In the life of a teenager, few things are more important than gaining independence as he or she transitions into adulthood. Perhaps the most visible symbol of that desired independence is an automobile. It marks a rite of passage into the grownup world with the accompanying grownup privileges and responsibilities.
As parents, we walk through each step of this perilous and exciting journey with our children, guiding, loving, and advising. What follows is the account of exactly that part of our oldest son’s journey into adulthood, penned last fall just a week after the landmark event.
Sitting on our cement slab this week rests a monument. A monument to what, you ask? A monument to a God who hears and answers prayers not, usually, according to our schedule, but always right on time.
Now, this is not your garden variety statue of some famous, but long-gone hero on the order of Abe Lincoln, nor is it a memorial honoring those who went down in the great water fight of 2003. The fact that it has four wheels and a gas tank does not diminish its significance in our eyes or, more especially, in the eyes of the teenage boy who holds the keys.
You see, the young man of whom I speak has waited a very long time for this symbol of his independence. While his friends were driving around town in their own vehicles, he was either catching rides from them or bearing the humiliation of driving (dark music here) “The Family Van.” How he hated that van.
“It’s not even a normal van!” he would growl in disgust as he reached for the keys. Making mention of the fact that he clearly didn’t hate it enough to not drive it didn’t seem to restore his sunny disposition.
Not only was he grouchy, it made me grouchy to have my wheels yanked out from under me at the drop of a hat. With the advent of his driver’s license, I was suddenly sharing not only my gas, but my own independence. This necessitated endless shuffling of the car seat and stroller, not to mention his three brothers, from the van to the truck and back again, depending on what the teenager was up to.
He especially despised being dropped off at school in the van. Pulling up around the circle, he would frantically rubberneck (his version of reconnaissance) to see if anyone he knew was in the vicinity before making a break for it. It gave me whiplash just watching him. There were several times I actually had to haul him out of the glove box and forcibly heave him out the door. Once, he nearly landed in the middle of a group of cheerleaders who were passing by, leaving him pale and shaken for days.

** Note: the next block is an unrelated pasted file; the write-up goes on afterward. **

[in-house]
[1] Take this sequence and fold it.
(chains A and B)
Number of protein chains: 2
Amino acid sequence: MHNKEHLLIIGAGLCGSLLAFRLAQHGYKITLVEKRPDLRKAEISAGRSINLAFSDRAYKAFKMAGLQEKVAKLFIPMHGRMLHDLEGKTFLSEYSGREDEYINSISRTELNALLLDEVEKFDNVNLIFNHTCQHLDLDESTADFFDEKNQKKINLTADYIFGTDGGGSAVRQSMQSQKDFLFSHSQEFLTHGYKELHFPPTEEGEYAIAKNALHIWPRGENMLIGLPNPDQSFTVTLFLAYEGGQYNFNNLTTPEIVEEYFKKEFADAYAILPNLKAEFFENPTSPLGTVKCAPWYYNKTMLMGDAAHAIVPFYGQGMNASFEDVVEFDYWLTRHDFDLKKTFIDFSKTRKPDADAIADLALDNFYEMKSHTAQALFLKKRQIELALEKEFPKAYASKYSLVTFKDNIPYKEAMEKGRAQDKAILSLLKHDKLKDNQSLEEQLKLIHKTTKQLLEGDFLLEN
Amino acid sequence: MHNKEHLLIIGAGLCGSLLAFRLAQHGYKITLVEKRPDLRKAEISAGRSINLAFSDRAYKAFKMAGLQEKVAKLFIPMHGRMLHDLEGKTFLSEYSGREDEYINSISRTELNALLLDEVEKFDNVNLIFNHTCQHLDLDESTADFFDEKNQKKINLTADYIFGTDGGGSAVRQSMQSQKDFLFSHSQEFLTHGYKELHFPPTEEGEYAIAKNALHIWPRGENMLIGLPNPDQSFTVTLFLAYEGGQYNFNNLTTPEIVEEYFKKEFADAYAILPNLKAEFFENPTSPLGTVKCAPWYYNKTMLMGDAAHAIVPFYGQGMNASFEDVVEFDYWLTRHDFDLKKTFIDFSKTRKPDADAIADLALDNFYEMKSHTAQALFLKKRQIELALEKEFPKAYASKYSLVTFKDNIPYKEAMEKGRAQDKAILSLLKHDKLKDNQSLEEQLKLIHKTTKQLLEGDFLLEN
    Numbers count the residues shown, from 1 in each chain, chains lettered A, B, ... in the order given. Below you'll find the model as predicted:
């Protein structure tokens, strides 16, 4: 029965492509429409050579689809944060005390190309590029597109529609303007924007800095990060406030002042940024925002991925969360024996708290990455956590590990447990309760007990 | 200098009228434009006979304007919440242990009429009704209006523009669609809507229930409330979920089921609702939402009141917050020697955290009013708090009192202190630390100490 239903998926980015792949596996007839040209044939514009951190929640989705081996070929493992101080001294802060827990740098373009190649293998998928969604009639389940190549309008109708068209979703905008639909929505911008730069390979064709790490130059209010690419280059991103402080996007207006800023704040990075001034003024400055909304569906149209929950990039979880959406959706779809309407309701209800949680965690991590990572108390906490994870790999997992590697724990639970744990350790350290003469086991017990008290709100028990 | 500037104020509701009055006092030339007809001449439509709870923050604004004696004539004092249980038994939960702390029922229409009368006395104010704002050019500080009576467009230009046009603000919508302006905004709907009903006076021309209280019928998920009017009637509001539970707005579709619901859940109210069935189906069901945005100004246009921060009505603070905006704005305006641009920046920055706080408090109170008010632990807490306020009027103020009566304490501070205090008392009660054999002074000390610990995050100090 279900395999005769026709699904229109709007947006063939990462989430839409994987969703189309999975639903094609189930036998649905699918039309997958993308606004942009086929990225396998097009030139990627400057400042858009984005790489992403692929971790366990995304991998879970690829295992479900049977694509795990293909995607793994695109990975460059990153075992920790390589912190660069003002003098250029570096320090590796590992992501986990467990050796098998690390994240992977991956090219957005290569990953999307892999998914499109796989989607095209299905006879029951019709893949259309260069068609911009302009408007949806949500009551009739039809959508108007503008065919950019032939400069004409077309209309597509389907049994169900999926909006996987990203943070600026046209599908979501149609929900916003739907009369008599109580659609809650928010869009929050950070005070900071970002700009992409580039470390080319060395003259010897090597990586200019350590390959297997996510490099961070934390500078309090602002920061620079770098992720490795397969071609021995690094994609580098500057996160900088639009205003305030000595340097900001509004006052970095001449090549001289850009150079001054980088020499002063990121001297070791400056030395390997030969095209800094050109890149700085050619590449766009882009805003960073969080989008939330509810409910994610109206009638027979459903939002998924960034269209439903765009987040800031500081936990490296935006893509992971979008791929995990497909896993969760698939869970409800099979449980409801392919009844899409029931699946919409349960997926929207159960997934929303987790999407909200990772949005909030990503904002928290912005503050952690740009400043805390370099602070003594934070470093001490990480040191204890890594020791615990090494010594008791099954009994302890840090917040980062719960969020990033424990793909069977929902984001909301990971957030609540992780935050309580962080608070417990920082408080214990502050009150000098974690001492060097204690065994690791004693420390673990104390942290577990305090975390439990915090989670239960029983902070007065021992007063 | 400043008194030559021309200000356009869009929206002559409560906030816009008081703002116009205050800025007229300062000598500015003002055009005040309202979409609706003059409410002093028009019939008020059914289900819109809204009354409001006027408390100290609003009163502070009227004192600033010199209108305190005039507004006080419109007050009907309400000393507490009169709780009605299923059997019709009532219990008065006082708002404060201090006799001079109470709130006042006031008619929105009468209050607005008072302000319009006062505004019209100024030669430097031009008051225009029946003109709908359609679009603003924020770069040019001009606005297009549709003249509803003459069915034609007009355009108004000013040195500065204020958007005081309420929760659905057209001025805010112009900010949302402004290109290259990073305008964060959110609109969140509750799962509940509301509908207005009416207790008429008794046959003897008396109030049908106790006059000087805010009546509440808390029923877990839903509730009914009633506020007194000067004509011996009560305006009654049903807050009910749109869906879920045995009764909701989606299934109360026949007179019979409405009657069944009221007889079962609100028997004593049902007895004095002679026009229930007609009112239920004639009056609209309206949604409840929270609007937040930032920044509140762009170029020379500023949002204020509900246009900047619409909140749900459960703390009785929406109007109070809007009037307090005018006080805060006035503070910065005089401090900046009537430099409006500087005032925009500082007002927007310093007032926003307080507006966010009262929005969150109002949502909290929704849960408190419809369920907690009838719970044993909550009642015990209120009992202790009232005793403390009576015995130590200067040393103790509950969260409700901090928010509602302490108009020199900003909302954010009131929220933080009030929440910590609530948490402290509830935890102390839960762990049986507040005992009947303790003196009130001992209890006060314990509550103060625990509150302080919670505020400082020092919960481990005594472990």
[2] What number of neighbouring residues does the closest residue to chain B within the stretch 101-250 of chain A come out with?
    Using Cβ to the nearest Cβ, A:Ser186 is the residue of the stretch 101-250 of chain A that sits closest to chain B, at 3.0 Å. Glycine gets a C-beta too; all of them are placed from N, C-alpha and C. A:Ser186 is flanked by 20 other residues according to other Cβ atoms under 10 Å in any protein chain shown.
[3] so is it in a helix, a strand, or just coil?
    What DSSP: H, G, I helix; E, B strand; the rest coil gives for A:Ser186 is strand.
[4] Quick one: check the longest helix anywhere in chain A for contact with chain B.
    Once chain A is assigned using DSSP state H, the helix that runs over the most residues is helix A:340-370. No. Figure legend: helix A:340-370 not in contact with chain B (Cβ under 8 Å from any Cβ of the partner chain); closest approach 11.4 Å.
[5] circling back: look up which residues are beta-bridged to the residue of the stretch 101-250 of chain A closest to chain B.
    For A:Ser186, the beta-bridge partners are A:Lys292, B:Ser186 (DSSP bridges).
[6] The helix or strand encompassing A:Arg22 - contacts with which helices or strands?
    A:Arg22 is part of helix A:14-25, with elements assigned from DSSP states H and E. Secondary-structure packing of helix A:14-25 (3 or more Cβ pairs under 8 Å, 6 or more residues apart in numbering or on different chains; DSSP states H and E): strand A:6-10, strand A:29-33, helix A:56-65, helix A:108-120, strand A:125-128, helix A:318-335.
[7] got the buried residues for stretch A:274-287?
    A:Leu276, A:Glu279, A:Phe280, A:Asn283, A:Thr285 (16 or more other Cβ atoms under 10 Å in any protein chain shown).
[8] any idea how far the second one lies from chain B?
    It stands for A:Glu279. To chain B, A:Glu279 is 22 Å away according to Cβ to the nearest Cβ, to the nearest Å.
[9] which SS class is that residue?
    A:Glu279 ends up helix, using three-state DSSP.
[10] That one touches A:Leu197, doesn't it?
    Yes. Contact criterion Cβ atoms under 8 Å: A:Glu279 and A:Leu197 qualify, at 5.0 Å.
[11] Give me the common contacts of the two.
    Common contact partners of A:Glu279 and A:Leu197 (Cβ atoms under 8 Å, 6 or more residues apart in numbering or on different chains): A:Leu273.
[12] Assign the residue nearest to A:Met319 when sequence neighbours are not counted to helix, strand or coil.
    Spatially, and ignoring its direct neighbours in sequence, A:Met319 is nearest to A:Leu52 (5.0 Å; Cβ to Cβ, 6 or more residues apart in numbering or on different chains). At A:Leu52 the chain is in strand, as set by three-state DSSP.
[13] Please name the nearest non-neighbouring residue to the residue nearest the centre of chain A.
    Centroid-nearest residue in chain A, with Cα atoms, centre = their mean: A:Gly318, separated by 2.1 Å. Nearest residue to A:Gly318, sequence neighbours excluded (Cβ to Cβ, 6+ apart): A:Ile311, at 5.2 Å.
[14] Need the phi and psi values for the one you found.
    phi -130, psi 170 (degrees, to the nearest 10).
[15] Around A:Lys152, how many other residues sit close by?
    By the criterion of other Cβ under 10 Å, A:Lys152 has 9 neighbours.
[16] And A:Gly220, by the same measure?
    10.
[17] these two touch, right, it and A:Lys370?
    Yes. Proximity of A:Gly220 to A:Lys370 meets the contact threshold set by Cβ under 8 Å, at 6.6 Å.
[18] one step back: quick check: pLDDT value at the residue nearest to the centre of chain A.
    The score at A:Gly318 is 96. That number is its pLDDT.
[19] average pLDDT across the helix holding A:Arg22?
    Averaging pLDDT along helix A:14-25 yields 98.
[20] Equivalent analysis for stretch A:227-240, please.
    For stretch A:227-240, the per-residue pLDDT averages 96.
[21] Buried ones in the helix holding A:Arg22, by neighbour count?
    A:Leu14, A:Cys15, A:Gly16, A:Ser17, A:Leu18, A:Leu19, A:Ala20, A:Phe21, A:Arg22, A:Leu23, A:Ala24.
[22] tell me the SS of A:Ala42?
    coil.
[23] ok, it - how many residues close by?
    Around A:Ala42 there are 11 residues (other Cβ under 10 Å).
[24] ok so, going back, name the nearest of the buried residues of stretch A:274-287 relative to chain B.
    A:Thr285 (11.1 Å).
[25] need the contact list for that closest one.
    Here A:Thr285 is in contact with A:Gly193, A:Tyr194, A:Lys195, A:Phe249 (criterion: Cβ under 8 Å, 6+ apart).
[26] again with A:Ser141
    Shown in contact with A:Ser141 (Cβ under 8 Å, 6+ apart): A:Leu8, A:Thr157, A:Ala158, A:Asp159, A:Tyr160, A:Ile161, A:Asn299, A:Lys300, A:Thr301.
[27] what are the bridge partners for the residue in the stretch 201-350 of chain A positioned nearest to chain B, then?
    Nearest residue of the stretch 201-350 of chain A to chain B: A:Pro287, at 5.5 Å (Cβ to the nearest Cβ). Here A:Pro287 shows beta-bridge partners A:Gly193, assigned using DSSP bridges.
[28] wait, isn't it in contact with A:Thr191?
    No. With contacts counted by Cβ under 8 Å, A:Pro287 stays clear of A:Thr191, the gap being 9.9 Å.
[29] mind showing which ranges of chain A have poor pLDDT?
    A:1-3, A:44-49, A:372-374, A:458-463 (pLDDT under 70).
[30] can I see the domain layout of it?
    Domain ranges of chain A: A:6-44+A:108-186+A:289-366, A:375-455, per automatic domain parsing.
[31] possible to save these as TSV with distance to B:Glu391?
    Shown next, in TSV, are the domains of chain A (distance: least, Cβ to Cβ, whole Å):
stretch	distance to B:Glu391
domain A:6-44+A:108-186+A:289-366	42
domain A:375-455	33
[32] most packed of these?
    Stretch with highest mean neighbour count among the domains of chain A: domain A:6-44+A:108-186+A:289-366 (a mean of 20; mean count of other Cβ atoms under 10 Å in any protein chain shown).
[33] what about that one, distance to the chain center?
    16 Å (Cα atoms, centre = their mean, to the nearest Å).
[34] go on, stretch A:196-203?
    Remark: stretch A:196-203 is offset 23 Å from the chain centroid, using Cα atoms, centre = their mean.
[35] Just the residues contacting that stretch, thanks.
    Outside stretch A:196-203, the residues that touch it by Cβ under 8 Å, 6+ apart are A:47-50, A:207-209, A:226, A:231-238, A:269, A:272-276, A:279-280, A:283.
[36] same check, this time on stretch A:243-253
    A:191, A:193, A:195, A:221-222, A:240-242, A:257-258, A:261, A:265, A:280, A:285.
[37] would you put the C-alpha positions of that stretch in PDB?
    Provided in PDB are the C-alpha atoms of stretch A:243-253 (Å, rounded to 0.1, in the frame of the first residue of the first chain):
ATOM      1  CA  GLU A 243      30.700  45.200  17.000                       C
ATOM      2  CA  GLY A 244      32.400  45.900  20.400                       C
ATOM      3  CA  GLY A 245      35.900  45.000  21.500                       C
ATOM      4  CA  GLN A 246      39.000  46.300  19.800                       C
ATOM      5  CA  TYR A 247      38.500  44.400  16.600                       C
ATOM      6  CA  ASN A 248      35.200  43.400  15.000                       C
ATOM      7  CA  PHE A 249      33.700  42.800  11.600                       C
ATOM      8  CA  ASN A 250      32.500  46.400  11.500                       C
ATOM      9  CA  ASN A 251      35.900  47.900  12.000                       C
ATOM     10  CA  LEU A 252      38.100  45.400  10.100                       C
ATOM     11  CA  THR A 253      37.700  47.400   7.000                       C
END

To honor the uniqueness of the family vehicle, he and his buddies came up with a name for it that I will not repeat in this column as it offends even my finer sensibilities. Knowing how I hated it, he developed a very annoying habit. Upon dropping him off, he would stick his head back in, repeat it several times just to watch the veins pop out in my eyeballs, and then haul tail into the school.
Needing to gain control of the situation, I finally told him, “Okay. Here’s how it’s going down, buster. Every time you say that word, I am going to honk. Now, you have two choices. I can give a short blast every time it crosses your lips or I can sound one long blast that starts when I hit Panther Drive and stops when I exit Panther Drive.”
I don’t know if it was my burning eyes or my dripping fangs that convinced him I was serious, but he suddenly lost interest in playing the game.
Many, many months went by. He prayed and we prayed along with him, but due to Lemony Snicket-like series of unfortunate events, no car was forthcoming. He looked at several different vehicles during that time, but to no avail. Despair would set in. After repeated assurances that the last used car on Earth had not just been sold, he would pick up and set to praying again.
Finally, at long last, it all came together. Now, under the basketball hoop is (occasionally) parked the visible testament – in the shape of a car with a spoiler – to a Heavenly Father’s care and interest in the smallest details of a boy’s life.
Is it brand new? Nope. Would we have chosen to make him wait so long? Certainly not. Does he appreciate this car, having waited as he did? You’d better believe it. As I often tell our sons when they’re bemoaning some terrible injustice (like homework, for instance, or having to clean their rooms), “You will live to tell about it.”
I hope he does. Tell, that is…tell it and tell it again, starting with his kids.